I spent a big chunk of last week in Phoneix at the American Copy Editors Society's annual conference. It was as great and inspiring as it was last year, when I attended my first ACES conference. I gushed about it then, and it all applies again this year, so I won't repeat myself. I learned a lot, had a ton of fun, and met up with lots of old friends and made some new ones.
One of Friday's workshops was Watch Out For the Speed Bumps, with Merrill Perlman, who used to run the New York Times' copy desk and is now a consultant as well as the writer of the Columbia Journalism Review's Language Corner column. (She tweets here.) Here's the workshop's description from the program:
- There’s fact-checking, and then there’s instinct-checking. There’s rarely enough time to check everything, but you can tune in to what your brain knows and listen for when it reads something and says: “Wait a minute! That doesn’t sound right!” You might be surprised by how much you know that you didn’t know you knew, and by how you can avoid those head-slapping “I WONDERED about that!” moments.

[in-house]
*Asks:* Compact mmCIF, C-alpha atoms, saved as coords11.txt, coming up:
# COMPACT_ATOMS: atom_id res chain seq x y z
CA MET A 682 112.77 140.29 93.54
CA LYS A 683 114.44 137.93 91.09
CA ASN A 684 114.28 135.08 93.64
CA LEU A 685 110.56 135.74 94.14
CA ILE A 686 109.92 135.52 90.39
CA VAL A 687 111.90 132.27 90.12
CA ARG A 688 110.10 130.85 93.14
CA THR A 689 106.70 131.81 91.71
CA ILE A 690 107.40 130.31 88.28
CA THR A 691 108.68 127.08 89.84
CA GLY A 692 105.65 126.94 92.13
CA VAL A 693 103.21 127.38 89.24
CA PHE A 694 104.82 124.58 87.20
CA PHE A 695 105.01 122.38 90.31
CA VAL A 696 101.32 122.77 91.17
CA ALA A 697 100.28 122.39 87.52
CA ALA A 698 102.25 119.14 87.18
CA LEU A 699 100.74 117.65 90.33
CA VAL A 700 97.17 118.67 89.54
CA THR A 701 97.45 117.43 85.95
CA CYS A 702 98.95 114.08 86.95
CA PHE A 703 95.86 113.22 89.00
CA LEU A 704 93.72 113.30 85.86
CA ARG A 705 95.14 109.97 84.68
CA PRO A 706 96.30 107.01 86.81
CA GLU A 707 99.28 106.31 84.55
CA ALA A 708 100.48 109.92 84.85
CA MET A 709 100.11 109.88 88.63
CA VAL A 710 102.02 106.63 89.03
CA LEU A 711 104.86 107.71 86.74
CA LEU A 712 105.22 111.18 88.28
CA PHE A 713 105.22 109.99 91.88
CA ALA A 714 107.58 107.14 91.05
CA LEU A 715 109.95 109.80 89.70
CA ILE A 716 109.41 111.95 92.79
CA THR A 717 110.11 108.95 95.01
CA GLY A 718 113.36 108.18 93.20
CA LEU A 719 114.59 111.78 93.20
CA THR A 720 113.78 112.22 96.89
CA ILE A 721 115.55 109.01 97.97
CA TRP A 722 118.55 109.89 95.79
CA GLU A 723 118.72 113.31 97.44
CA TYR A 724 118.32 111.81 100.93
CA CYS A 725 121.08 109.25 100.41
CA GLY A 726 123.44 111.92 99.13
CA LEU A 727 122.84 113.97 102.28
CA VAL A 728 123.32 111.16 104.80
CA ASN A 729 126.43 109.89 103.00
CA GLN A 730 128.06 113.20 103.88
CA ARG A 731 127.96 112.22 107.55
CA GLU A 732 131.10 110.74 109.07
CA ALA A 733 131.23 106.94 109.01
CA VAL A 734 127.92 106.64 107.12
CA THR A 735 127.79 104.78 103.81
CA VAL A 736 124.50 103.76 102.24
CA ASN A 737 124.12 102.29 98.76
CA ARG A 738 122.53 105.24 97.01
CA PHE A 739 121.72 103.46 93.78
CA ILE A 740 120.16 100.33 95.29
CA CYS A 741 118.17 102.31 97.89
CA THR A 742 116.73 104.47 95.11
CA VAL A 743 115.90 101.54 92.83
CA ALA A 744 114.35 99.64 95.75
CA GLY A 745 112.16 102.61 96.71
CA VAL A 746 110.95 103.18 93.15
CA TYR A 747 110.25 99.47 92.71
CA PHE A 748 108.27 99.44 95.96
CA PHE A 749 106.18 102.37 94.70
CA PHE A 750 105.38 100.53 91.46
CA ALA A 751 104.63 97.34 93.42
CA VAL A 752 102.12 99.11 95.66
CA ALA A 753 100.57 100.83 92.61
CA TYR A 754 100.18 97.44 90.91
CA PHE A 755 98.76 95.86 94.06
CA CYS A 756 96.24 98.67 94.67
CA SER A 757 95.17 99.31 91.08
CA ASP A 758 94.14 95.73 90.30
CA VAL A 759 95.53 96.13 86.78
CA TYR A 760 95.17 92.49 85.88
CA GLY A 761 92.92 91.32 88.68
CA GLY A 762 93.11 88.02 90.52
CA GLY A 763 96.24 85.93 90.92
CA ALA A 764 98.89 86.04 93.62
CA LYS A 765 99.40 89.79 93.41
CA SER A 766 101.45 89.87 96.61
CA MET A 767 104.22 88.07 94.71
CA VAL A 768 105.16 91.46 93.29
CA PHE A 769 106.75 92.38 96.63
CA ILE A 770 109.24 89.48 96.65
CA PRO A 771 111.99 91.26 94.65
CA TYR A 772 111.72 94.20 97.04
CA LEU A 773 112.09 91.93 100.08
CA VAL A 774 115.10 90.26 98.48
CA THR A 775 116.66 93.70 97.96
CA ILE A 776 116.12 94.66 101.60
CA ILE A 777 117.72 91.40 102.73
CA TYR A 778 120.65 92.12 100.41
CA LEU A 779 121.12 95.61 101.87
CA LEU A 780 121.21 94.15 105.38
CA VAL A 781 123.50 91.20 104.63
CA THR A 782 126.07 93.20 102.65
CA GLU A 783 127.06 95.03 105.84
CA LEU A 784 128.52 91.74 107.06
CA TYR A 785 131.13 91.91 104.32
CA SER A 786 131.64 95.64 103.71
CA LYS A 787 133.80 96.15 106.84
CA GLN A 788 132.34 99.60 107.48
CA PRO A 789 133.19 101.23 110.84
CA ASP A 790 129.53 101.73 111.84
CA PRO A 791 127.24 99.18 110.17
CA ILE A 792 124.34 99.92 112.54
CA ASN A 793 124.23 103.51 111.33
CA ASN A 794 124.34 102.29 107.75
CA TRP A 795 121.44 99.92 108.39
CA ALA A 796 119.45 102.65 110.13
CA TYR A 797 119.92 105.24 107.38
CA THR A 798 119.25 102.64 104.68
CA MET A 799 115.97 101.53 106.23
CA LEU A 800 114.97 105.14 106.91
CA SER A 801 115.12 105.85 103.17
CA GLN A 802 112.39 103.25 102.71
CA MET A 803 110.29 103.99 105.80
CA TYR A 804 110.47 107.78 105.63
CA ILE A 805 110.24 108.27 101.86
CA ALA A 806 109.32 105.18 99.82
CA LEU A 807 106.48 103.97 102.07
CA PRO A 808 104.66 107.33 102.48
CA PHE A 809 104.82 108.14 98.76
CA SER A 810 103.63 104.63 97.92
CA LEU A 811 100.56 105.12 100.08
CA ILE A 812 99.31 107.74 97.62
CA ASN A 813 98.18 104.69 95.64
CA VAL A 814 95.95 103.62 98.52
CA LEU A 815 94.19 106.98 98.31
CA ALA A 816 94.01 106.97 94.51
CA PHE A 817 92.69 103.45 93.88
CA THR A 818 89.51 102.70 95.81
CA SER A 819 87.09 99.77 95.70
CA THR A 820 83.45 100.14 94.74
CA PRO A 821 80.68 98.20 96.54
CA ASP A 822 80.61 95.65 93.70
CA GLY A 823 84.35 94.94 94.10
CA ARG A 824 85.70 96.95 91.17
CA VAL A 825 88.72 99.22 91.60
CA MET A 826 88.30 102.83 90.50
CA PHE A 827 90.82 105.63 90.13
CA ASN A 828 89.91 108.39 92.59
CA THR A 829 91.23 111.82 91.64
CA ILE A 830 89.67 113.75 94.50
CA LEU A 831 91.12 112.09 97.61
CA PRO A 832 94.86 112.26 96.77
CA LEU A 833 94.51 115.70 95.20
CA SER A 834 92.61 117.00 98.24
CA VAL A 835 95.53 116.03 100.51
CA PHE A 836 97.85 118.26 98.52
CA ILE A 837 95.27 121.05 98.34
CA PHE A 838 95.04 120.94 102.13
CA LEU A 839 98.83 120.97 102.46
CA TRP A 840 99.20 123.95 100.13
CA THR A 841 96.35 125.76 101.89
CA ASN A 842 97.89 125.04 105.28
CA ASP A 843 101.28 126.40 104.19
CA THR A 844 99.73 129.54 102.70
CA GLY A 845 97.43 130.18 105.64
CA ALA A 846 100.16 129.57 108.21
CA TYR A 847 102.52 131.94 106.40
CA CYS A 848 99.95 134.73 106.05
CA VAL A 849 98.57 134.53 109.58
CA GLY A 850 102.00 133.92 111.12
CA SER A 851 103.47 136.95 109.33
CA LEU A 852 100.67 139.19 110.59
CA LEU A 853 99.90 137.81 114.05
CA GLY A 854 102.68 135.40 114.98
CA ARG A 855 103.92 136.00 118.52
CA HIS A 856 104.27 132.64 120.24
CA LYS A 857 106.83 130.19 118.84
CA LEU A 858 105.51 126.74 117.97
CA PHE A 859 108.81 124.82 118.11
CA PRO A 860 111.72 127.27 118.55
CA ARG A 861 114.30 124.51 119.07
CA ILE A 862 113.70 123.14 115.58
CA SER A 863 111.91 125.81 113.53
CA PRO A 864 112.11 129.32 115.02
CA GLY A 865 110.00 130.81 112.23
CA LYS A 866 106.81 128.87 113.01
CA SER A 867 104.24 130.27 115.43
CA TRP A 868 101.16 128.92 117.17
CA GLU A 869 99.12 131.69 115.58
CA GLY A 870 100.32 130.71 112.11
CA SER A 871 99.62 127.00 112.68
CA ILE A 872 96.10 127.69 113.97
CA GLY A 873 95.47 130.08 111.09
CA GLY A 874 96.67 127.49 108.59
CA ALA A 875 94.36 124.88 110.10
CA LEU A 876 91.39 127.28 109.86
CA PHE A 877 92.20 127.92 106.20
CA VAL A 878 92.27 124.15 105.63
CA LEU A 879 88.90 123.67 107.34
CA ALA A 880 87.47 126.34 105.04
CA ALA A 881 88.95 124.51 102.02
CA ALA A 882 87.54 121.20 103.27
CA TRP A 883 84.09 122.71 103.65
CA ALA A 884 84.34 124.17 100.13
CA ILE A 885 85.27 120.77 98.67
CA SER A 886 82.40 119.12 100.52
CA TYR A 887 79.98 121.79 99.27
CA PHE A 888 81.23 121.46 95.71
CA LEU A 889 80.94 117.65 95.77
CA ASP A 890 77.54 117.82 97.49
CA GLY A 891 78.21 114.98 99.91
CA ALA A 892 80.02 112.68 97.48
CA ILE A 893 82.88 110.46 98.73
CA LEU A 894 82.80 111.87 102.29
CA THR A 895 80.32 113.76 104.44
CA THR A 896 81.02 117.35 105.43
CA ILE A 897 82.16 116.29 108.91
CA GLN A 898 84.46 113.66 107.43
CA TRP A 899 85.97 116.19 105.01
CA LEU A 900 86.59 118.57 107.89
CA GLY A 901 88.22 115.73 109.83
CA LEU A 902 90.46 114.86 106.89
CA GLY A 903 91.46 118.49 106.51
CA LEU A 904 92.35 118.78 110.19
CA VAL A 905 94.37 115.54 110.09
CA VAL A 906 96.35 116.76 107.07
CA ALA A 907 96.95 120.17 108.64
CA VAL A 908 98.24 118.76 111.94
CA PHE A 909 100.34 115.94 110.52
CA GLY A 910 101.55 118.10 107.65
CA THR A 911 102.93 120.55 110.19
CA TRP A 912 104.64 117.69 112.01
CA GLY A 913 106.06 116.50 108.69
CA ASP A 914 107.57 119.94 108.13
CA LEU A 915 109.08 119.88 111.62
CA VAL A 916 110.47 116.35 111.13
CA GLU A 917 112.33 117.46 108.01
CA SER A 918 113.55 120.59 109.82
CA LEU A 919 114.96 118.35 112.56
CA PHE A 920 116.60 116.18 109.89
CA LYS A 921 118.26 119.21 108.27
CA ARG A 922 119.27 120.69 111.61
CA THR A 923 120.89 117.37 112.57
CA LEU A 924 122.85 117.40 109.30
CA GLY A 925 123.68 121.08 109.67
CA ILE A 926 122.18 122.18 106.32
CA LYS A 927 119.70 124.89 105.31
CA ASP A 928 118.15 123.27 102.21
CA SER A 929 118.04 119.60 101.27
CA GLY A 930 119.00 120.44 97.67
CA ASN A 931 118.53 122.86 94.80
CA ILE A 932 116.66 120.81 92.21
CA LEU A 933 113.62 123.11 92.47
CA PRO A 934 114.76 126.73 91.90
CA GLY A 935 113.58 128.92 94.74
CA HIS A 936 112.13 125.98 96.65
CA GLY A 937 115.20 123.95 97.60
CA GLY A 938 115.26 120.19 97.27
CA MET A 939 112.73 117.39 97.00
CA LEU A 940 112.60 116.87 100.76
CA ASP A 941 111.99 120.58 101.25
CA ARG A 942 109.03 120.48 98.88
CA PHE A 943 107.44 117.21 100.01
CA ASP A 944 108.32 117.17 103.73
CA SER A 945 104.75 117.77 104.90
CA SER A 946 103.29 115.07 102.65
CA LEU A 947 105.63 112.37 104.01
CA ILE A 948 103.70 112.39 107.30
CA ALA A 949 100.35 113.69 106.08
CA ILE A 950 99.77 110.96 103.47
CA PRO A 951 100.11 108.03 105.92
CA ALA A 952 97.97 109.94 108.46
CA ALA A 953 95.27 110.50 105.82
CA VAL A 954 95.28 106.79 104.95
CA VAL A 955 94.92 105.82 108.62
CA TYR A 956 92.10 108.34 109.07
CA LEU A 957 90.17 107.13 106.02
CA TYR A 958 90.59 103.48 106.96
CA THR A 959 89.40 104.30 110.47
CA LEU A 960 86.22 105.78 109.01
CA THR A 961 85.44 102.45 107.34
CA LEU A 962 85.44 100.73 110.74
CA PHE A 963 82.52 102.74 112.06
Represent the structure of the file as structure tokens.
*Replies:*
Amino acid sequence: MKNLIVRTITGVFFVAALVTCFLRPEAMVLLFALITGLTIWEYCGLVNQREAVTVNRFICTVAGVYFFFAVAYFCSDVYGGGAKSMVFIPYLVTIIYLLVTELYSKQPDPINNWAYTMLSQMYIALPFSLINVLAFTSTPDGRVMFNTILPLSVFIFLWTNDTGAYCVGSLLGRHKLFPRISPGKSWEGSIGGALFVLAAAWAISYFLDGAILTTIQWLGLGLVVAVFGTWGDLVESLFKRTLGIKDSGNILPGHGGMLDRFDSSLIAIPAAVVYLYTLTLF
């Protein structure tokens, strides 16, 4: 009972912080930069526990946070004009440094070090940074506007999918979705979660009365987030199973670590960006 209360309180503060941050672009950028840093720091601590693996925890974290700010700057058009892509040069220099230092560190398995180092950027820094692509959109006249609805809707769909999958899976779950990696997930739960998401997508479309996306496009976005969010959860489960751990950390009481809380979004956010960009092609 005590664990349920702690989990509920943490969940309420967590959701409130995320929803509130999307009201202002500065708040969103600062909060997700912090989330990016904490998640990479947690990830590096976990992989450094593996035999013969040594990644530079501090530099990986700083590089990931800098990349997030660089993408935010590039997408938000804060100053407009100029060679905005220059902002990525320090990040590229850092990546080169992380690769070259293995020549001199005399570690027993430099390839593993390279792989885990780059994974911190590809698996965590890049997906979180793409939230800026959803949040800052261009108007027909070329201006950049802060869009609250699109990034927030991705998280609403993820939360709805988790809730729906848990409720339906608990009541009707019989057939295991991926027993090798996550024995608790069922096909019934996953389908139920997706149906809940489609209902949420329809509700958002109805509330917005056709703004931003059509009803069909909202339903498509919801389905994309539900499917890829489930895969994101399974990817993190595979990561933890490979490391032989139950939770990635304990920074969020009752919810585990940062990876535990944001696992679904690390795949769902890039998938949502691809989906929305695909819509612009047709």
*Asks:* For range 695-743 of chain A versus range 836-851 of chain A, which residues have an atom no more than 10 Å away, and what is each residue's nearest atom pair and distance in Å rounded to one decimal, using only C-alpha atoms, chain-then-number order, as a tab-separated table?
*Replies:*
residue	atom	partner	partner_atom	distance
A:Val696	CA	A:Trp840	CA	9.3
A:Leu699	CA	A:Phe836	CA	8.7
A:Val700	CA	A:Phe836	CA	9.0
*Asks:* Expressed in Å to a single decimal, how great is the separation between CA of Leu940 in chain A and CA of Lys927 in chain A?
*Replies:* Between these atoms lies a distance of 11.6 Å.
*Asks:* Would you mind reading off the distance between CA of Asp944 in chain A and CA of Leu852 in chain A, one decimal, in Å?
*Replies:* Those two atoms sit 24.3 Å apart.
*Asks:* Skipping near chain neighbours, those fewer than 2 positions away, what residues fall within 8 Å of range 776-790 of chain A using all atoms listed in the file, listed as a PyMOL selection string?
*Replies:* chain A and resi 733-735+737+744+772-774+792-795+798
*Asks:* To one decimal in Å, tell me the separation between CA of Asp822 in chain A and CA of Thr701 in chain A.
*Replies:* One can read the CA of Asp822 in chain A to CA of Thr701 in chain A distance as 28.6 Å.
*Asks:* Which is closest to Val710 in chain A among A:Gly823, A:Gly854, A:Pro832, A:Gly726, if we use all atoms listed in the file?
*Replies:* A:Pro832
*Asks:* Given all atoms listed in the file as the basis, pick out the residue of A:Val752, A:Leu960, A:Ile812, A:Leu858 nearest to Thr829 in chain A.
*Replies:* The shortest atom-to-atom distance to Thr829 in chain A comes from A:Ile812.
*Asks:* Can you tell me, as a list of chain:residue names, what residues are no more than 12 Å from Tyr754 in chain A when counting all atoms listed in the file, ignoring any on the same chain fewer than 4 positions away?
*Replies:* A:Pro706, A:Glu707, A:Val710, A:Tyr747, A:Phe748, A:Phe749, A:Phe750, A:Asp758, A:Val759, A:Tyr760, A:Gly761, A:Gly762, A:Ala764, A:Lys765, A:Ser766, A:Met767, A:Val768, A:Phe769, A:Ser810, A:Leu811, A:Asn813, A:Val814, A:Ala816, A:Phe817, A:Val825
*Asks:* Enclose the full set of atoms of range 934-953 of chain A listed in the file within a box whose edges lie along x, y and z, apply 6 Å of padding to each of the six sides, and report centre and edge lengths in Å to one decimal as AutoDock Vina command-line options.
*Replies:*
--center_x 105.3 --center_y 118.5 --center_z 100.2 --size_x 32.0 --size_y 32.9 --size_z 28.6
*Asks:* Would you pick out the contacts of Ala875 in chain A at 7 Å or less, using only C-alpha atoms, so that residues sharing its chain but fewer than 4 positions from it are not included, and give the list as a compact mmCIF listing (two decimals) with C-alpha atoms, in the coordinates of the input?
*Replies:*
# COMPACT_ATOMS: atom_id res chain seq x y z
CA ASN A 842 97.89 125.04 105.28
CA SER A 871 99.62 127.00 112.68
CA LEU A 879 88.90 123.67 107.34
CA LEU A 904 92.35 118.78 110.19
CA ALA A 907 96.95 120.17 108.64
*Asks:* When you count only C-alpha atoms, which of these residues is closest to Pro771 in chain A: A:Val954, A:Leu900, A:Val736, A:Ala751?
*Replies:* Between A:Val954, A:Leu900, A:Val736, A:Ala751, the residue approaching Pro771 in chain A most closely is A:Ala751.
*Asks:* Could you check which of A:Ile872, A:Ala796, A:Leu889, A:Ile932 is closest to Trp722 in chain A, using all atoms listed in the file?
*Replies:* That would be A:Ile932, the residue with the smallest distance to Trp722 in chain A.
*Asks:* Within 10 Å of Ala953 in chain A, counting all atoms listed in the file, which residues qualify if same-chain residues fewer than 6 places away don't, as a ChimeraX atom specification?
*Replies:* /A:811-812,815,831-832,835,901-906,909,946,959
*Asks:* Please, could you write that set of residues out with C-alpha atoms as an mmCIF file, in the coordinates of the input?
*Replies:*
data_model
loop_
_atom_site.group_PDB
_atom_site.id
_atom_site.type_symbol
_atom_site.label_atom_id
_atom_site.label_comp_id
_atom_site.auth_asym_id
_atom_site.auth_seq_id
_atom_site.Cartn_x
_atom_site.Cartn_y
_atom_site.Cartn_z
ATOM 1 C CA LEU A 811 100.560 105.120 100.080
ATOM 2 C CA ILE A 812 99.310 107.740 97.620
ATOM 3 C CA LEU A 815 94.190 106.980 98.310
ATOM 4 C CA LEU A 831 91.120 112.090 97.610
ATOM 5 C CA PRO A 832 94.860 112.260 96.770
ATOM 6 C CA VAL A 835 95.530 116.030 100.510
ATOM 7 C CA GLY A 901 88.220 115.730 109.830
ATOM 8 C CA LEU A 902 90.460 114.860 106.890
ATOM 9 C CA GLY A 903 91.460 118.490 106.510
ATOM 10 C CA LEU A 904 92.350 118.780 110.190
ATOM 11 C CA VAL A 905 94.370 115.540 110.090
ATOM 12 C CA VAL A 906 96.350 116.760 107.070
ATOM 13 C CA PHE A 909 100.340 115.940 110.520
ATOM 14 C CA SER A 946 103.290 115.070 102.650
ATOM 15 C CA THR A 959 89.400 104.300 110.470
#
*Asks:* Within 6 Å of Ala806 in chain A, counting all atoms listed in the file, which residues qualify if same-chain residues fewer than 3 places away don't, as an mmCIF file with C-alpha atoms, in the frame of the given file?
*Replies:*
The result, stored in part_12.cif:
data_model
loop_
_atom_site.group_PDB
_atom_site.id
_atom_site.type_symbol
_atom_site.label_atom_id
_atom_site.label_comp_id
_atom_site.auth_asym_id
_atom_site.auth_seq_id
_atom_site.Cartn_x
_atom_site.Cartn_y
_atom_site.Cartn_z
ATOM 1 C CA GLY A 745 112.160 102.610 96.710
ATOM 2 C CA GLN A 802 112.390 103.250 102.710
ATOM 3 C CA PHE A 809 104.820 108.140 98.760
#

Merrill does great workshops, and this was no exception. She said one thing in particular that struck me as important for copy editors to remember, and that is hard to do as we correct things day in and day out, putting us into a frame of mind where we think there are errors lurking in every corner:
- "Ours is not a search mission. Ours is a receive mission."
If we are spending so much time hunting, hunting, for mistakes, it can be easy to read right over big picture things. Good to be reminded of that.